Recovering from a ConflictingPersistentDataException
If you receive a
ConflictingPersistentDataException during startup, it indicates that you have multiple copies of some persistent data and SnappyData cannot determine which copy to use. Normally SnappyData uses metadata to automatically determine which copy of persistent data to use. Each member persists, along with the data dictionary or table data, a list of other members that have the data and whether their data is up to date.
ConflictingPersistentDataException happens when two members compare their metadata and find that it is inconsistent—they either don’t know about each other, or they both believe that the other member has stale data. The following are some scenarios that can cause a
Trying to merge two independently-created distributed systems into a single distributed system causes a
ConflictingPersistentDataException. There are a few ways to end up with independently-created systems:
Configuration problems may cause SnappyData members connect to different locators that are not aware of each other. To avoid this problem, ensure that all locators and data stores always specify the same, complete list of locator addresses at startup (for example,
All persistent members in a system may be shut down, after which a brand new set of different persistent members attempts to start up.
Trying to merge independent systems by pointing all members to the same set of locators then results in a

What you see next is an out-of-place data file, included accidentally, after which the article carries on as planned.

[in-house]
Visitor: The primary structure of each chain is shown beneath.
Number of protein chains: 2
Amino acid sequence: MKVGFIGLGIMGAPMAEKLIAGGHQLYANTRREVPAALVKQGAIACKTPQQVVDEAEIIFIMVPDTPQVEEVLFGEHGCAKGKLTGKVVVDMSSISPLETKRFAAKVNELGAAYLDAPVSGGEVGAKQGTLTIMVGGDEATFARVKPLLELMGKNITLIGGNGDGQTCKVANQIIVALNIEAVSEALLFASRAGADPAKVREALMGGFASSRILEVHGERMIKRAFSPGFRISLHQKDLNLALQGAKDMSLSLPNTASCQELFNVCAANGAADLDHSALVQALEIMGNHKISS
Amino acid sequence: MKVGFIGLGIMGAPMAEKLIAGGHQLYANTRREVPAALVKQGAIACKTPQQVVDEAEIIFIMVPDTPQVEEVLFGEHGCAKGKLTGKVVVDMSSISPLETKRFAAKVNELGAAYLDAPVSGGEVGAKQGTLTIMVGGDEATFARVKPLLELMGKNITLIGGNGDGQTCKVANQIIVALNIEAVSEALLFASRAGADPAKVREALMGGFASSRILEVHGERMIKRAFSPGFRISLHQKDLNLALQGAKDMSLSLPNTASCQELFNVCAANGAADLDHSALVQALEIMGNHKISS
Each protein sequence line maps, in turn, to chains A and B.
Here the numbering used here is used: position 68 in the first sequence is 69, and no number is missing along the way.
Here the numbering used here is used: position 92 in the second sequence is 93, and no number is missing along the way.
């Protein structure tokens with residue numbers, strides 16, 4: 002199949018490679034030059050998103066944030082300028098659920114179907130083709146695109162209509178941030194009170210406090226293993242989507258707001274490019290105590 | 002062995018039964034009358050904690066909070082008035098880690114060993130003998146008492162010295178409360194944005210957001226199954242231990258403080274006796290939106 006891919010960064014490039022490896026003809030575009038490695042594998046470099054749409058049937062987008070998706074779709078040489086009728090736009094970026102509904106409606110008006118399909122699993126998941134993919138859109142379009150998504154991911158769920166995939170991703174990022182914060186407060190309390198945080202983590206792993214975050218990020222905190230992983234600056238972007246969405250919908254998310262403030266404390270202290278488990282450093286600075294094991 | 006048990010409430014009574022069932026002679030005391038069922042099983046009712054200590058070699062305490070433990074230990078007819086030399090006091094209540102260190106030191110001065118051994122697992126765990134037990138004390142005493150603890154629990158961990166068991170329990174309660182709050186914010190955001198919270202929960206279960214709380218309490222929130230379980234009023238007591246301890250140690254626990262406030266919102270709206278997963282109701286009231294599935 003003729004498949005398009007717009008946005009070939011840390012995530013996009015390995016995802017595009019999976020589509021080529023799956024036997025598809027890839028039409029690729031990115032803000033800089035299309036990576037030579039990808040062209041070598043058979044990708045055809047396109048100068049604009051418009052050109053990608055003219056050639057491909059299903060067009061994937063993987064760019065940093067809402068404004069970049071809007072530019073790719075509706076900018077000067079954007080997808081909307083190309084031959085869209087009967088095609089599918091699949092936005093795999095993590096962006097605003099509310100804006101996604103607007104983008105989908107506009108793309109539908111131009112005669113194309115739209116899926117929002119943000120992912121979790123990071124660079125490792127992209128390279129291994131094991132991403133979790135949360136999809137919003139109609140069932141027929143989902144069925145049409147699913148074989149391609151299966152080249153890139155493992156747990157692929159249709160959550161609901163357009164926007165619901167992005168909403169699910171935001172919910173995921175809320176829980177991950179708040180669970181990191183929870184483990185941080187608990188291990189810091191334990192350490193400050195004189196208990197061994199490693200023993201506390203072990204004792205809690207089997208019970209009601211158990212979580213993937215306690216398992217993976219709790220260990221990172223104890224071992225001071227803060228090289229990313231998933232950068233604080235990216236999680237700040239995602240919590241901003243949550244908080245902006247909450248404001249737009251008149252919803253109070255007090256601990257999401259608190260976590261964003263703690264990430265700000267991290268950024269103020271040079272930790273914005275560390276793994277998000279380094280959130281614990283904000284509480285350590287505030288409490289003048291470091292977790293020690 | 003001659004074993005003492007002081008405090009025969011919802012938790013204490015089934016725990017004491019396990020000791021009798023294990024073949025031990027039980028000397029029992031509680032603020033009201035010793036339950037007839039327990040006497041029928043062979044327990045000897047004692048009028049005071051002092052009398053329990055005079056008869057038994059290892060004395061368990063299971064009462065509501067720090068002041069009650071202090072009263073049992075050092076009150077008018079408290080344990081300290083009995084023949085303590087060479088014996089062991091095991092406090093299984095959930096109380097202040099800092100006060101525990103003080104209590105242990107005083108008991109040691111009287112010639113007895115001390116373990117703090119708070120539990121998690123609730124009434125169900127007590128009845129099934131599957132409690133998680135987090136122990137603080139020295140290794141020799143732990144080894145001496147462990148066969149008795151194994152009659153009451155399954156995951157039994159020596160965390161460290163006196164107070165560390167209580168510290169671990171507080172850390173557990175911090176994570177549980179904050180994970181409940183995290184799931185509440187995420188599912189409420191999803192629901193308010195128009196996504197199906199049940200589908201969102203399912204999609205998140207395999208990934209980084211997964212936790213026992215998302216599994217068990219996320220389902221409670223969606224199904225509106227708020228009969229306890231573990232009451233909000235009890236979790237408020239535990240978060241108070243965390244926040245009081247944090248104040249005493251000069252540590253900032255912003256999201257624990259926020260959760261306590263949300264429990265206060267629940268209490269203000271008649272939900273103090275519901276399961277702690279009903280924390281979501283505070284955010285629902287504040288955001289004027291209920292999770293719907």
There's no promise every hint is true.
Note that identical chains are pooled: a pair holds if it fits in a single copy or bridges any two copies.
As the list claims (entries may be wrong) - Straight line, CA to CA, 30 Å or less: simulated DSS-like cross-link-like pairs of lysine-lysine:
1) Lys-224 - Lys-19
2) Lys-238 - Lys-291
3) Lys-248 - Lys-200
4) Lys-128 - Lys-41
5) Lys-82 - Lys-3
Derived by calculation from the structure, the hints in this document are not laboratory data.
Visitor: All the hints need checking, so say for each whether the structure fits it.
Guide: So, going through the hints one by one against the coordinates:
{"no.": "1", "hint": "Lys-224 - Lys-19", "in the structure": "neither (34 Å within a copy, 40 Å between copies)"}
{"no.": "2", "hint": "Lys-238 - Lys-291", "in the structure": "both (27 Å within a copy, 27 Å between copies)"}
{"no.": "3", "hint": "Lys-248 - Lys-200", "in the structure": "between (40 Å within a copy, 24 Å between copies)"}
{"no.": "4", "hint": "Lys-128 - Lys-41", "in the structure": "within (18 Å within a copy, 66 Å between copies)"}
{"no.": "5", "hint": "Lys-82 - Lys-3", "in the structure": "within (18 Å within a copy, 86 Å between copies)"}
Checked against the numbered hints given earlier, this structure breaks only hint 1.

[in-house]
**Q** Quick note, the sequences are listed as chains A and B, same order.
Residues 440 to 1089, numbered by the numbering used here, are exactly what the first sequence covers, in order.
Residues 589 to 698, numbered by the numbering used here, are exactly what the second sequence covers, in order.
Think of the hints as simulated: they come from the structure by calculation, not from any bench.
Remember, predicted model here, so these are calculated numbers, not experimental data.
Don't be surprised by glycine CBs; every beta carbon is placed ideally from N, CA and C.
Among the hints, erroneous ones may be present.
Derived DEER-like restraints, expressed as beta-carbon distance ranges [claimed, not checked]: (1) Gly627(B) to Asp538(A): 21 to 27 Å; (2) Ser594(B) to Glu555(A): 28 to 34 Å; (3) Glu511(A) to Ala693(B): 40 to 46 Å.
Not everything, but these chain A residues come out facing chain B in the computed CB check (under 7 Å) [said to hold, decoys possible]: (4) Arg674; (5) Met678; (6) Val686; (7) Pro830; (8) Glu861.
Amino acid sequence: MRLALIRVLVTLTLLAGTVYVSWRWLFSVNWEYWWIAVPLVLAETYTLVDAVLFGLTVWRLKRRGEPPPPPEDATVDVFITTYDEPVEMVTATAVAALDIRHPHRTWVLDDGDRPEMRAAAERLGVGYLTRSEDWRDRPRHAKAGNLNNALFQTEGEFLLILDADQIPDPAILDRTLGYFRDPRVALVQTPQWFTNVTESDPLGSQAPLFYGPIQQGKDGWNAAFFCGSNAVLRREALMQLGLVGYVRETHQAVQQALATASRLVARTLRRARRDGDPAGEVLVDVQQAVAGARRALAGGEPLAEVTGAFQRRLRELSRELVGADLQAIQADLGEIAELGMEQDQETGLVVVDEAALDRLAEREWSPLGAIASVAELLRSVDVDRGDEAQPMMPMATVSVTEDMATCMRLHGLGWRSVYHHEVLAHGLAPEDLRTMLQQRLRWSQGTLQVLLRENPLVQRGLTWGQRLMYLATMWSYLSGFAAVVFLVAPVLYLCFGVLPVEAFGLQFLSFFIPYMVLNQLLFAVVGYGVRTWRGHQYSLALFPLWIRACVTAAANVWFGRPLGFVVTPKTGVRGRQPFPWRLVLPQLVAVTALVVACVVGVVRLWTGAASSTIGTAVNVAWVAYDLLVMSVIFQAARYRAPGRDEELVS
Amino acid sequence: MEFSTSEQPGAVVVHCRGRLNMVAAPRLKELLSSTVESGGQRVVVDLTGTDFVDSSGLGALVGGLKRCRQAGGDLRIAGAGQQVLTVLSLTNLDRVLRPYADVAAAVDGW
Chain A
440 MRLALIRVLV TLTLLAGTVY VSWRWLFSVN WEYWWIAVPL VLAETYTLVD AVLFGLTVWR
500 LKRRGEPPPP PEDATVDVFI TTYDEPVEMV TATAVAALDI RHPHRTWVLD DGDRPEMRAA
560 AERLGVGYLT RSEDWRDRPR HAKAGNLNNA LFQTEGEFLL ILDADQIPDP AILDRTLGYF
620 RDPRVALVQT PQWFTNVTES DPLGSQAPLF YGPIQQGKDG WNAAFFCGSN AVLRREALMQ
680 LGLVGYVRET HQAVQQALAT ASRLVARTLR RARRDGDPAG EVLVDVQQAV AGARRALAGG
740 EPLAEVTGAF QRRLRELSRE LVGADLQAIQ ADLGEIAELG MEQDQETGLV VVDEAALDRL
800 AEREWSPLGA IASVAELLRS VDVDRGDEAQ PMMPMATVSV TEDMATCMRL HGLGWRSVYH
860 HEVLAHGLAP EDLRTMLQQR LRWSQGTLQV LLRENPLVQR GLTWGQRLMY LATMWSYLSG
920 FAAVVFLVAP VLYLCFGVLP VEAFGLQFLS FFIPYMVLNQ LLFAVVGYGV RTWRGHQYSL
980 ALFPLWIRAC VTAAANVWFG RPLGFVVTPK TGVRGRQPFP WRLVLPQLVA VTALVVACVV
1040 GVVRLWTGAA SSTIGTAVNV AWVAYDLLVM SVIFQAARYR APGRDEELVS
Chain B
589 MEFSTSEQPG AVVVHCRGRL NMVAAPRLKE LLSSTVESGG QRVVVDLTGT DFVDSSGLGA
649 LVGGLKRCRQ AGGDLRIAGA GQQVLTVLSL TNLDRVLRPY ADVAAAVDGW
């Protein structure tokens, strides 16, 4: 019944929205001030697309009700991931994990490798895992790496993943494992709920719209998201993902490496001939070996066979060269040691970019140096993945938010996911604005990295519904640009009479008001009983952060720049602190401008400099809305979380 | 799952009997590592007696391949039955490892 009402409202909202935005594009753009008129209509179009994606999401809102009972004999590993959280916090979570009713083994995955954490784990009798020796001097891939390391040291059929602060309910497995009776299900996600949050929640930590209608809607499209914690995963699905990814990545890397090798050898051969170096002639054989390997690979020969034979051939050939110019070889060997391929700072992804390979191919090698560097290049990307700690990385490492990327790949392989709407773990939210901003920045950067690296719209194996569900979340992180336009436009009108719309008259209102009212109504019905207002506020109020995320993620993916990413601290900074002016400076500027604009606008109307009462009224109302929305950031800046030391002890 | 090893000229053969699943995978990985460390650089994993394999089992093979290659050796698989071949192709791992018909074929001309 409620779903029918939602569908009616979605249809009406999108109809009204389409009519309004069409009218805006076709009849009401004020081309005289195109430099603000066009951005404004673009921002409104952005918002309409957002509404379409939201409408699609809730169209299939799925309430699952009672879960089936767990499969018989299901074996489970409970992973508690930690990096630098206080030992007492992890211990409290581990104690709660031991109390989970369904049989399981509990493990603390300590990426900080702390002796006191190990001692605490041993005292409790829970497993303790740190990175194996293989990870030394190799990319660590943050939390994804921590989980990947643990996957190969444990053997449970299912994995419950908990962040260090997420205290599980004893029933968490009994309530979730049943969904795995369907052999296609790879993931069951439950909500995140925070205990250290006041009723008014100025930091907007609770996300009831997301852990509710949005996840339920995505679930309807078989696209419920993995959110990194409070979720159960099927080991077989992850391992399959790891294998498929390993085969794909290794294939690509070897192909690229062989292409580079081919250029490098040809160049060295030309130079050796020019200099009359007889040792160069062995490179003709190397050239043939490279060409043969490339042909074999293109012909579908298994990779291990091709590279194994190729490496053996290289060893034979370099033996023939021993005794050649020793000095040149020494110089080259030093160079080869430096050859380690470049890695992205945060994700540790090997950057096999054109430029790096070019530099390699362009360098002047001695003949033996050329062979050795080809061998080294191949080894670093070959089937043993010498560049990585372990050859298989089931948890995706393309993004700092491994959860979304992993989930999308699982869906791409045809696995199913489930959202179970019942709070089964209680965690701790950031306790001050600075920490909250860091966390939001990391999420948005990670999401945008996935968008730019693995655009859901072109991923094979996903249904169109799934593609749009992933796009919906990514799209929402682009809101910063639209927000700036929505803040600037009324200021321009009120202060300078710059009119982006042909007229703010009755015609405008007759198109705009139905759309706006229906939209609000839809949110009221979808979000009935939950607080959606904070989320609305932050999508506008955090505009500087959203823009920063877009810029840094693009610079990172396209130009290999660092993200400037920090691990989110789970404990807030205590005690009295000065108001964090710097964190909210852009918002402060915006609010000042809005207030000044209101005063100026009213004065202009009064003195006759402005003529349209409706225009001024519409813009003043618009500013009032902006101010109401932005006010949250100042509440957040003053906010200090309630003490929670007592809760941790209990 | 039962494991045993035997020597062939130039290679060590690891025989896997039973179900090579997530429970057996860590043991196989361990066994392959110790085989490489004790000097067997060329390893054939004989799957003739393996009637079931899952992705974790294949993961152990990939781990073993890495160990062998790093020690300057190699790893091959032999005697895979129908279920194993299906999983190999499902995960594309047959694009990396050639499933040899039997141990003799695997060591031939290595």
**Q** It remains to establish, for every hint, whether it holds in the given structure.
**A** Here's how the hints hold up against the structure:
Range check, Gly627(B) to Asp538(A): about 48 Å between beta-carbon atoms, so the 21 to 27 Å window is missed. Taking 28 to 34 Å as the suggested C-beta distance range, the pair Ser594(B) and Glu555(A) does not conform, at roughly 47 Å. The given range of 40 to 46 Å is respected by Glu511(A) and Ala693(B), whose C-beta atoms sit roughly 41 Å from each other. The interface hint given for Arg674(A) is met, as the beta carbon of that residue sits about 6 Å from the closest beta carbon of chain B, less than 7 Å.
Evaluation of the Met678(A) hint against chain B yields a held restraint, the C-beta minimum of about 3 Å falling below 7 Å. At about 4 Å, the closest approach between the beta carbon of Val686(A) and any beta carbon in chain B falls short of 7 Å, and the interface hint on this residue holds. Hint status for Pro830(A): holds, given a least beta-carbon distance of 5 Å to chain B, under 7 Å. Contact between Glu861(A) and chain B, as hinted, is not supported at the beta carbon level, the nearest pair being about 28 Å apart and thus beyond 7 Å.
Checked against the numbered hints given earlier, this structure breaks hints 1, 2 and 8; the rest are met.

SnappyData cannot merge independently-created data for the same table. Instead, you need to export the data from one of the systems and import it into the other system. See Exporting and Importing Data with SnappyData
Starting new members first
Starting a brand new member with no persistent data before starting older members that have persistent data can cause a
This can happen by accident if you shut down the system, then add a new member to the startup scripts, and finally start all members in parallel. In this case, the new member may start first. If this occurs, the new member creates an empty, independent copy of the data before the older members start up. When the older members start, the situation is similar to that described above in “Independently-created copies.”
In this case, the fix is simply to move aside or delete the (empty) persistence files for the new member, shut down the new member, and finally restart the older members. After the older members have fully recovered, restart the new member.
A network split, with enable-network-partition-detection set to false
enable-network-partition-detection set to true, SnappyData detects a network partition and shuts down members to prevent a "split brain." In this case no conflicts should occur when the system is restored.
enable-network-partition-detection is false, SnappyData cannot prevent a "split brain" after a network partition. Instead, each side of the network partition records that the other side of the partition has stale data. When the partition is healed and persistent members are restarted, they find a conflict because each side believes the other side's members are stale.
In some cases it may be possible to choose between sides of the network partition and keep only the data from one side of the partition. Otherwise you may need to salvage data and import it into a fresh system.
Resolving a ConflictingPersistentDataException
If you receive a
ConflictingPersistentDataException, you will not be able to start all of your members and have them join the same distributed system.
First, determine if there is one part of the system that you can recover. For example, if you just added some new members to the system, try to start up without including those members. For the remaining members, use the data extractor tool to extract data from the persistence files and import it into a running system.